News - June 27, 2019 - by Ray Hagar
In the Las Vegas office of former Sen. Harry Reid, D-NV, hangs a letter in a frame. It is dated Nov. 8, 2010, days after Reid had secured a election victory over Republican challenger Sharron Angle. It marked Reid's final election fight. The former Senate Majority Leader would retire in 2017, after his term expired.
The letter read:
Congratulations. You are amazing.
With best wishes,
Donald J. Trump"
"I've I got this office spread with a bust of FDR, a picture of him up here, (pictures of) my mentor, (former Gov.) Mike O'Callaghan and Sen. Bryan," Reid said on Nevada Newsmakers. "So I thought I had to have a picture (of Trump) to show my bipartisanship."
Reid and Trump go way back, Reid told host Sam Shad.
"He did fund raisers in his home for me, in the days he was a Democrat, or at least we thought he was," Reid said. "I've been to his home a number of times.
"I don't think he has been a very good president but I have always liked him," Reid said. "He is a very personable man."
One of Reid's biggest concerns with President Trump is his lack of concern for the mushrooming national debt.
"We have a president who seems not to care about the debt," Reid said of Trump.
Experts point to Trump's 2017 Tax Cuts and Jobs Act and growth in military and discretionary domestic spending as key culprits for the rising debt.
Plus, the U.S. government continues to spend more than it gathers in taxes -- despite a robust economy, according to a June 2019 report from the Congressional Budget Office. The federal government has spent about $800 million more than it took in during the first eight months of the current fiscal year, according to reports.
"What we have going on is not sustainable," Reid said. "We can't continue to do what we're doing."
The national debt -- teetering at $23 trillion -- is "one of the biggest problems facing the country," Reid said.
He's amazed how the Republican Party's view of the national debt has turned since he began his career in politics.
"I hate to keep saying this but it is true: When I was first elected to the House of Representatives and to the Senate and for several years after I was elected to the Senate, the No. 1 issue of the Republican Party was to lower the debt," Reid said. "We had all kinds of legislation that was passed, sequestration was established, things of that nature.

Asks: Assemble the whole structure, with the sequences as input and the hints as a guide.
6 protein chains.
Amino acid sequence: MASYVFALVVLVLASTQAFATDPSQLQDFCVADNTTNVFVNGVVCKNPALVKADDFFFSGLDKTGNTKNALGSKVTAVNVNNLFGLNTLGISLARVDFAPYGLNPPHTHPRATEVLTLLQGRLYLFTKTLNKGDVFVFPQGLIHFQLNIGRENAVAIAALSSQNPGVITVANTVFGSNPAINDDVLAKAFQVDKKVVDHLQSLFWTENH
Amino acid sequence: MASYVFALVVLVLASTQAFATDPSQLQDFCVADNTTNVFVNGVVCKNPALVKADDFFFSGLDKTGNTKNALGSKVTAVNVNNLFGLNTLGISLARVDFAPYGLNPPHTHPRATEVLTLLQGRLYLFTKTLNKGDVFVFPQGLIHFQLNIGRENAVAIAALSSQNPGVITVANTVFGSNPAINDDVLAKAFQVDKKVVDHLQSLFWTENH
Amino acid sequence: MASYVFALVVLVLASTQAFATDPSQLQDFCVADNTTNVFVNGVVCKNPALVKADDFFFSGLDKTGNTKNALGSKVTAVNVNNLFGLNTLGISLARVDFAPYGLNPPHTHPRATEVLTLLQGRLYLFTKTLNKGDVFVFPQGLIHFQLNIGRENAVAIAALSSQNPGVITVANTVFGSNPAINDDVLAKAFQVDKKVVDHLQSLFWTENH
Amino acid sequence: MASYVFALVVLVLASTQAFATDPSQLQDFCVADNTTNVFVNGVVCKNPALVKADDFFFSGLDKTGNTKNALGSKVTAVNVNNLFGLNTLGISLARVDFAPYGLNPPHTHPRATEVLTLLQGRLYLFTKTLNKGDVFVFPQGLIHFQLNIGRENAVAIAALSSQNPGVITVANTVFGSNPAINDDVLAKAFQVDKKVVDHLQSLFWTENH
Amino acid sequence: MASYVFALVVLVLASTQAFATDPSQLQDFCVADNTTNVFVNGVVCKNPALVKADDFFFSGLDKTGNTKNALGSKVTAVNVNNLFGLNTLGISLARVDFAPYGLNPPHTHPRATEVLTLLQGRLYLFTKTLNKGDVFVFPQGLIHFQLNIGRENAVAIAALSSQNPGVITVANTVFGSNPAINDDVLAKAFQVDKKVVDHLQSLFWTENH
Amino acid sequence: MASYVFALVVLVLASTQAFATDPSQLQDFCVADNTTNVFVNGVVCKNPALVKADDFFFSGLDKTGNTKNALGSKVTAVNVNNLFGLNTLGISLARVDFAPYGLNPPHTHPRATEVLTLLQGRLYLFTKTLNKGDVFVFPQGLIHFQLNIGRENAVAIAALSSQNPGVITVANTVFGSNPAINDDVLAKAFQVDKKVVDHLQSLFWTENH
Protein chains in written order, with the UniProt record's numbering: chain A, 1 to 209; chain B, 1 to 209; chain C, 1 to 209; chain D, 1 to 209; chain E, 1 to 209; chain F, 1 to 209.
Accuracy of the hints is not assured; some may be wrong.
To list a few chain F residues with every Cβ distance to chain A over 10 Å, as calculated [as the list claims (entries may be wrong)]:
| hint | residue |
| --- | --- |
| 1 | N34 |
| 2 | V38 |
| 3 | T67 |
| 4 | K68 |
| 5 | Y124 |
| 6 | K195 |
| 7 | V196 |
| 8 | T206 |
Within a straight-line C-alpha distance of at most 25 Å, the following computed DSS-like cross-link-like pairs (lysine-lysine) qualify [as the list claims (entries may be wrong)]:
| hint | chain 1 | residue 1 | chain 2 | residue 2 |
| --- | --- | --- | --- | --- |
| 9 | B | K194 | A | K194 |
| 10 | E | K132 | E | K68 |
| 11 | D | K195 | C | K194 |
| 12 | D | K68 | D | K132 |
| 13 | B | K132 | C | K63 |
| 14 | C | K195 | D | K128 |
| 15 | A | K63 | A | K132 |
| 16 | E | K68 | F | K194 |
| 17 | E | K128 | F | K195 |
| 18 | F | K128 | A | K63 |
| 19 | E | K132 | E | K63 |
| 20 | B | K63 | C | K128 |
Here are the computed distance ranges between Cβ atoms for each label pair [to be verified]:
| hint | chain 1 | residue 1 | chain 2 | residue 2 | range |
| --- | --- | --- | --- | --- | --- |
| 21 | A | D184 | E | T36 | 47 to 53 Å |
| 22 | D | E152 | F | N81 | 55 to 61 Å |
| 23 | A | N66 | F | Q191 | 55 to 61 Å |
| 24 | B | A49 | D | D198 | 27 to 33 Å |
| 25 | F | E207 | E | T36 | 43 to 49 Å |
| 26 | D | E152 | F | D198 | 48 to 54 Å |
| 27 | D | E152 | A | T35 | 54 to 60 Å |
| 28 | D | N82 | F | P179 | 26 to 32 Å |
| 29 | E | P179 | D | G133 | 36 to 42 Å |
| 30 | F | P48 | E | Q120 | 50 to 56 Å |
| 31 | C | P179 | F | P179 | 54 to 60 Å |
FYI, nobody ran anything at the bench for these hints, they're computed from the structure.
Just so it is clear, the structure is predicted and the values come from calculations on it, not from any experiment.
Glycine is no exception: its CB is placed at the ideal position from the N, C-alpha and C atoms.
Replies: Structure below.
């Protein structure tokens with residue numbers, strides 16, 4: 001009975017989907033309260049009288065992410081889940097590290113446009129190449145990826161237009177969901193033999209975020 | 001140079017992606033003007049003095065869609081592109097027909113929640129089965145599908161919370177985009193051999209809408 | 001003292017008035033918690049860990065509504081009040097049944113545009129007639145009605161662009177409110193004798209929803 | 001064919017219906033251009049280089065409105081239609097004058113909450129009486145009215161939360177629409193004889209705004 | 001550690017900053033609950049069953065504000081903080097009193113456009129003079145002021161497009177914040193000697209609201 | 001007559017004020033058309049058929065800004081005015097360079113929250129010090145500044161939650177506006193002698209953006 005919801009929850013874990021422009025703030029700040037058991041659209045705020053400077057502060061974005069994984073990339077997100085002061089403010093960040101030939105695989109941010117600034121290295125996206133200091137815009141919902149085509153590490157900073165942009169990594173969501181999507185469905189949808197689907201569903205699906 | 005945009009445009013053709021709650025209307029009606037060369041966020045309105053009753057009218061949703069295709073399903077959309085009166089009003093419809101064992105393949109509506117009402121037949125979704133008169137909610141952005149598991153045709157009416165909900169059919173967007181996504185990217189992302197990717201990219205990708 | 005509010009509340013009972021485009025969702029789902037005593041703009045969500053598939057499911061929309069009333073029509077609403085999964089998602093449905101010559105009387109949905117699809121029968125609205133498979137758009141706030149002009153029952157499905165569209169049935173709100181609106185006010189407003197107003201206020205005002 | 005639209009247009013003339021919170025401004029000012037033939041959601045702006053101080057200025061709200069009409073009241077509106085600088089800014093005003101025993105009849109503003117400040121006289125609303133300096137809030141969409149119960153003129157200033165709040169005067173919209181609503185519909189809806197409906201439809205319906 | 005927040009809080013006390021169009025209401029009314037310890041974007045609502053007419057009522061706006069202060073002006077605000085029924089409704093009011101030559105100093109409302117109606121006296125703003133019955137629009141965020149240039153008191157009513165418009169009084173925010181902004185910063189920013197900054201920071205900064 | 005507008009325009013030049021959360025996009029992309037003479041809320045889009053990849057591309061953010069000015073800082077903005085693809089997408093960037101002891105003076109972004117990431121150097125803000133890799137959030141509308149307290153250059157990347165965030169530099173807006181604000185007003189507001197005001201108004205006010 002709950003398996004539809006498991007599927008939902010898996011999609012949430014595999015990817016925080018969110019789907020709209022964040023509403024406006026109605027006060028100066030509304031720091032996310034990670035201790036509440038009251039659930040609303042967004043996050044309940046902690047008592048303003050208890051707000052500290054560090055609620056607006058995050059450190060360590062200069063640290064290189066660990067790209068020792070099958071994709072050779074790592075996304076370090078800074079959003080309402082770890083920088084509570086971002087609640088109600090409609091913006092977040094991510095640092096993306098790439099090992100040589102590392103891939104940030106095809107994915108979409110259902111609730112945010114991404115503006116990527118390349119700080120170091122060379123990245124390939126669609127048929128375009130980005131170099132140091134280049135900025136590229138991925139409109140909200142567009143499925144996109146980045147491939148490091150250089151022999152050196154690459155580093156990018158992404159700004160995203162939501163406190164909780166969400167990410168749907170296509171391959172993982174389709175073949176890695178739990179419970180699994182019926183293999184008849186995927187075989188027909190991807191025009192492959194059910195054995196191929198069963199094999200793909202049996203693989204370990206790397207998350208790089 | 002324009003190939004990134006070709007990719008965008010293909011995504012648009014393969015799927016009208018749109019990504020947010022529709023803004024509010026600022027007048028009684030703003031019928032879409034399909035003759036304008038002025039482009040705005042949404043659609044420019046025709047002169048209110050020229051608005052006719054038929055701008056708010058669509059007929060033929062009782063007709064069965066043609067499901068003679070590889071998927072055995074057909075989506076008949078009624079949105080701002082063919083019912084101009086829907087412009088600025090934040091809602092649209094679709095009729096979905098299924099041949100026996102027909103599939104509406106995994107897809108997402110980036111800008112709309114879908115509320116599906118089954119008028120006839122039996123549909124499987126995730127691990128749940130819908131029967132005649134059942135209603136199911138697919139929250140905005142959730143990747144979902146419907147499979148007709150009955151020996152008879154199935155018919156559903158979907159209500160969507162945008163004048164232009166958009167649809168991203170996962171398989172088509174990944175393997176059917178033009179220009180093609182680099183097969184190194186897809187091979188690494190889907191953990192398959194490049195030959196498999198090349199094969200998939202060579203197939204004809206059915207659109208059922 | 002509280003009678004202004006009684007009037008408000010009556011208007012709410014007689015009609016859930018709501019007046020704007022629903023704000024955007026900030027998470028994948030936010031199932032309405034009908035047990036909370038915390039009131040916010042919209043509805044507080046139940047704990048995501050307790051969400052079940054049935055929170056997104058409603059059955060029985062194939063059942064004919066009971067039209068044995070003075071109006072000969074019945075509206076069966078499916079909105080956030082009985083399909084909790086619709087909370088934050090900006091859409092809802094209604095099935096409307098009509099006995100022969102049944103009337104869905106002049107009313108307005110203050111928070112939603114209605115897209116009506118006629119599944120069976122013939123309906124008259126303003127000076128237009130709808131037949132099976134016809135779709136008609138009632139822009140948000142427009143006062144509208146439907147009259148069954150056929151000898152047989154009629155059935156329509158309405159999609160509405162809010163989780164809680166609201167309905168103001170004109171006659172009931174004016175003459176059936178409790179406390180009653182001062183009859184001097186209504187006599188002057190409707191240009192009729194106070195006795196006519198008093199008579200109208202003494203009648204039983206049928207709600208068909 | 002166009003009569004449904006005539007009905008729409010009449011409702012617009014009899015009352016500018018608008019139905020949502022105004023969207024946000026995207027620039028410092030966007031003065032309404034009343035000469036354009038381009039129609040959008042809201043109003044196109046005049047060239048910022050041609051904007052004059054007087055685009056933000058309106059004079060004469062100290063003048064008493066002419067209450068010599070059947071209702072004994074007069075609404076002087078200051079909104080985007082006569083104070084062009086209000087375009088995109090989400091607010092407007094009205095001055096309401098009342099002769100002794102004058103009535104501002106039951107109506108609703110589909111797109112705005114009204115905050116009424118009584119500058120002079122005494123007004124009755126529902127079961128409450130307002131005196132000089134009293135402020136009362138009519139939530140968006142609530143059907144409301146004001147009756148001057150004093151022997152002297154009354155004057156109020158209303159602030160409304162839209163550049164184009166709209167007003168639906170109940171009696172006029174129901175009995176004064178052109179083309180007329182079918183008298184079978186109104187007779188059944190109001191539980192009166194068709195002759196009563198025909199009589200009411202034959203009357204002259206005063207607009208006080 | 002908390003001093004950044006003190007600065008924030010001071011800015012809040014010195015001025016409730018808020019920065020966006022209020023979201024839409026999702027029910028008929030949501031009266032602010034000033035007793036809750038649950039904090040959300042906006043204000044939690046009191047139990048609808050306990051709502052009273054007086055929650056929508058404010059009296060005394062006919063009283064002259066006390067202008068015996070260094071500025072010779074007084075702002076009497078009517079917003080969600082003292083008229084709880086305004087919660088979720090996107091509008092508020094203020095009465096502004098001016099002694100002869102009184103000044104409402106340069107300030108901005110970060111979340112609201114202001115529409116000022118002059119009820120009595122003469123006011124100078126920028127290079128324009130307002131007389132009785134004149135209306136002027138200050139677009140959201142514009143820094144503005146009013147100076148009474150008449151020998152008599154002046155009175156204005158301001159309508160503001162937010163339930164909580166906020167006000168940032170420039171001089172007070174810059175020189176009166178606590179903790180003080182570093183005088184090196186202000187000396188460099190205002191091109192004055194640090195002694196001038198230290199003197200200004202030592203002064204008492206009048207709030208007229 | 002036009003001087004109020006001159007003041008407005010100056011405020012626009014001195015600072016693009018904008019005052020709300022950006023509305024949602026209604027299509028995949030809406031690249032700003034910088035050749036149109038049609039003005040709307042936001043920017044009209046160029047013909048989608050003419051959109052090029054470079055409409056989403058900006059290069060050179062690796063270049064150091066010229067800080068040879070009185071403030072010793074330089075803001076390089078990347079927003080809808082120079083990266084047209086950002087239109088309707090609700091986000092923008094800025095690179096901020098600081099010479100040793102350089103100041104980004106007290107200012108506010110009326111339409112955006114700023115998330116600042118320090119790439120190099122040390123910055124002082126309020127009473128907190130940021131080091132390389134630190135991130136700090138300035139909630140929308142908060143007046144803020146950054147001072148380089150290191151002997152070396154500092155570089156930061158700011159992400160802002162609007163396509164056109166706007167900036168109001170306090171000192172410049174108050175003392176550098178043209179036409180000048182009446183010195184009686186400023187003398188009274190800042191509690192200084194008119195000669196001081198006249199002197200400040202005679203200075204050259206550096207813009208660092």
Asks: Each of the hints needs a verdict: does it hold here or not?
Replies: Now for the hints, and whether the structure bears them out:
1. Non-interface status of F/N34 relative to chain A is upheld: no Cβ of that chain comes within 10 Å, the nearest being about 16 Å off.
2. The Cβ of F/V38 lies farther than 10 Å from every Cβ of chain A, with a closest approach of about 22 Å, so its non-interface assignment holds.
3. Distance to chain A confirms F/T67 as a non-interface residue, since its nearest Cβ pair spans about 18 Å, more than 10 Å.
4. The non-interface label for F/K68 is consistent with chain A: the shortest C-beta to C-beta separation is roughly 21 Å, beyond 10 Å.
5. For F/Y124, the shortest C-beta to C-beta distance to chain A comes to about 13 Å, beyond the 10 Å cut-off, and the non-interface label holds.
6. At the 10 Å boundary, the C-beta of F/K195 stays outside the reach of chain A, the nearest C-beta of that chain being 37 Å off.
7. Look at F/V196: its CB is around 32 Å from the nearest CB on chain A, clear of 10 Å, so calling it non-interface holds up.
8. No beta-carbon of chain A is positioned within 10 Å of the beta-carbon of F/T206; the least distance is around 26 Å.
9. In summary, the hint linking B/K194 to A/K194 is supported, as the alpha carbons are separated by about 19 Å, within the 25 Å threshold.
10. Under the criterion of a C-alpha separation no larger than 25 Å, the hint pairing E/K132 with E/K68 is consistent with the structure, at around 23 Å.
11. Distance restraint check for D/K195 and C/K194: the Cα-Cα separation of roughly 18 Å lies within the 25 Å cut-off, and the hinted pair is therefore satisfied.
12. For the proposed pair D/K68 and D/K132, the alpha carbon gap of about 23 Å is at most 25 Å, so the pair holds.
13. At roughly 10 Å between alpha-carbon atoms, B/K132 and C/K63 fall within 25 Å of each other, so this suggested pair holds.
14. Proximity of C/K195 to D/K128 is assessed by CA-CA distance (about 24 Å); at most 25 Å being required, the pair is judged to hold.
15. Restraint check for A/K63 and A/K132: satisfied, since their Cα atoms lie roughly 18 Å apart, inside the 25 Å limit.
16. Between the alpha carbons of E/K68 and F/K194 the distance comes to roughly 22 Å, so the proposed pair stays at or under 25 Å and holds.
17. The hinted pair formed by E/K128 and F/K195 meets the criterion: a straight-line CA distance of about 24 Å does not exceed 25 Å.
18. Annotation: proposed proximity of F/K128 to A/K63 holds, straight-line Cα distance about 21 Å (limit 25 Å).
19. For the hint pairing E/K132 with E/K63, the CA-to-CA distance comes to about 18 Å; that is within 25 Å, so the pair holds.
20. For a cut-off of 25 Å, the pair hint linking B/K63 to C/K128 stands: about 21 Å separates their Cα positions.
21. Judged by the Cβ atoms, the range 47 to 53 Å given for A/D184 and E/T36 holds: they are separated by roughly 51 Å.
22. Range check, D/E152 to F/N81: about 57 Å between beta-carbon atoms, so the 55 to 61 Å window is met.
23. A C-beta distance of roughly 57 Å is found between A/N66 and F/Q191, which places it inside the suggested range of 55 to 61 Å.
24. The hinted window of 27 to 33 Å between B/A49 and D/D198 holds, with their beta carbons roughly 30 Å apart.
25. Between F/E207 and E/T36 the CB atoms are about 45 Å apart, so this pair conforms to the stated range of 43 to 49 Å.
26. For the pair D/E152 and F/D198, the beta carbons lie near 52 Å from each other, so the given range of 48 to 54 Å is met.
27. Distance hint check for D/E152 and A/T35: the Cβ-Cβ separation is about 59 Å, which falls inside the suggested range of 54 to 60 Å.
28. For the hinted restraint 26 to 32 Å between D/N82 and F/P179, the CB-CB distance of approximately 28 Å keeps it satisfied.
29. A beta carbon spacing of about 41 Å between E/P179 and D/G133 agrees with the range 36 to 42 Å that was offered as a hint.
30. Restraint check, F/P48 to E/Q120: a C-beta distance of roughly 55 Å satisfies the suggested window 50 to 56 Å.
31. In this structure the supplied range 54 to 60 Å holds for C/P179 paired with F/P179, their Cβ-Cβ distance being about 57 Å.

"But anymore, Republicans don't seem to give a damn about what the debt is. And, frankly, I don't hear the Democrats raising much hell about it either, and I think that's a mistake. I think the debt is not sustainable."
The government must raise taxes on the rich to combat the problem, Reid said.
"We can't get the Republicans to sign onto debt relief," he said. "That is what we have to do and there is only one way of doing it: We have to raise taxes for the rich."
The wealthy know they should be paying more taxes now, Reid said.
"We have to make sure that people who can afford it, pay more taxes," Reid said. "I know a few millionaires. I know a few billionaires. And frankly, I don't think any of them that I know would mind paying some more taxes. It is a myth that they don't want to pay more taxes.
"But whether they like it or not, they should pay more taxes," he added. "And that is the only way we are going to get this economy in the right position. The rich have to start doing more. We can't continue like this. We can't continue having one percent of the American people controlling most of the money in the country. And I said and I repeat without any qualms, the middle class is getting squeezed and we can't continue that way.
"The only way we can do this is we have to have more income," Reid said. "And where is that income going to come from? It can only come from rich people. The middle class, they are not going to be paying amounts of money that make up for what rich people are making. The rich are gonna have to bear the burden and they should."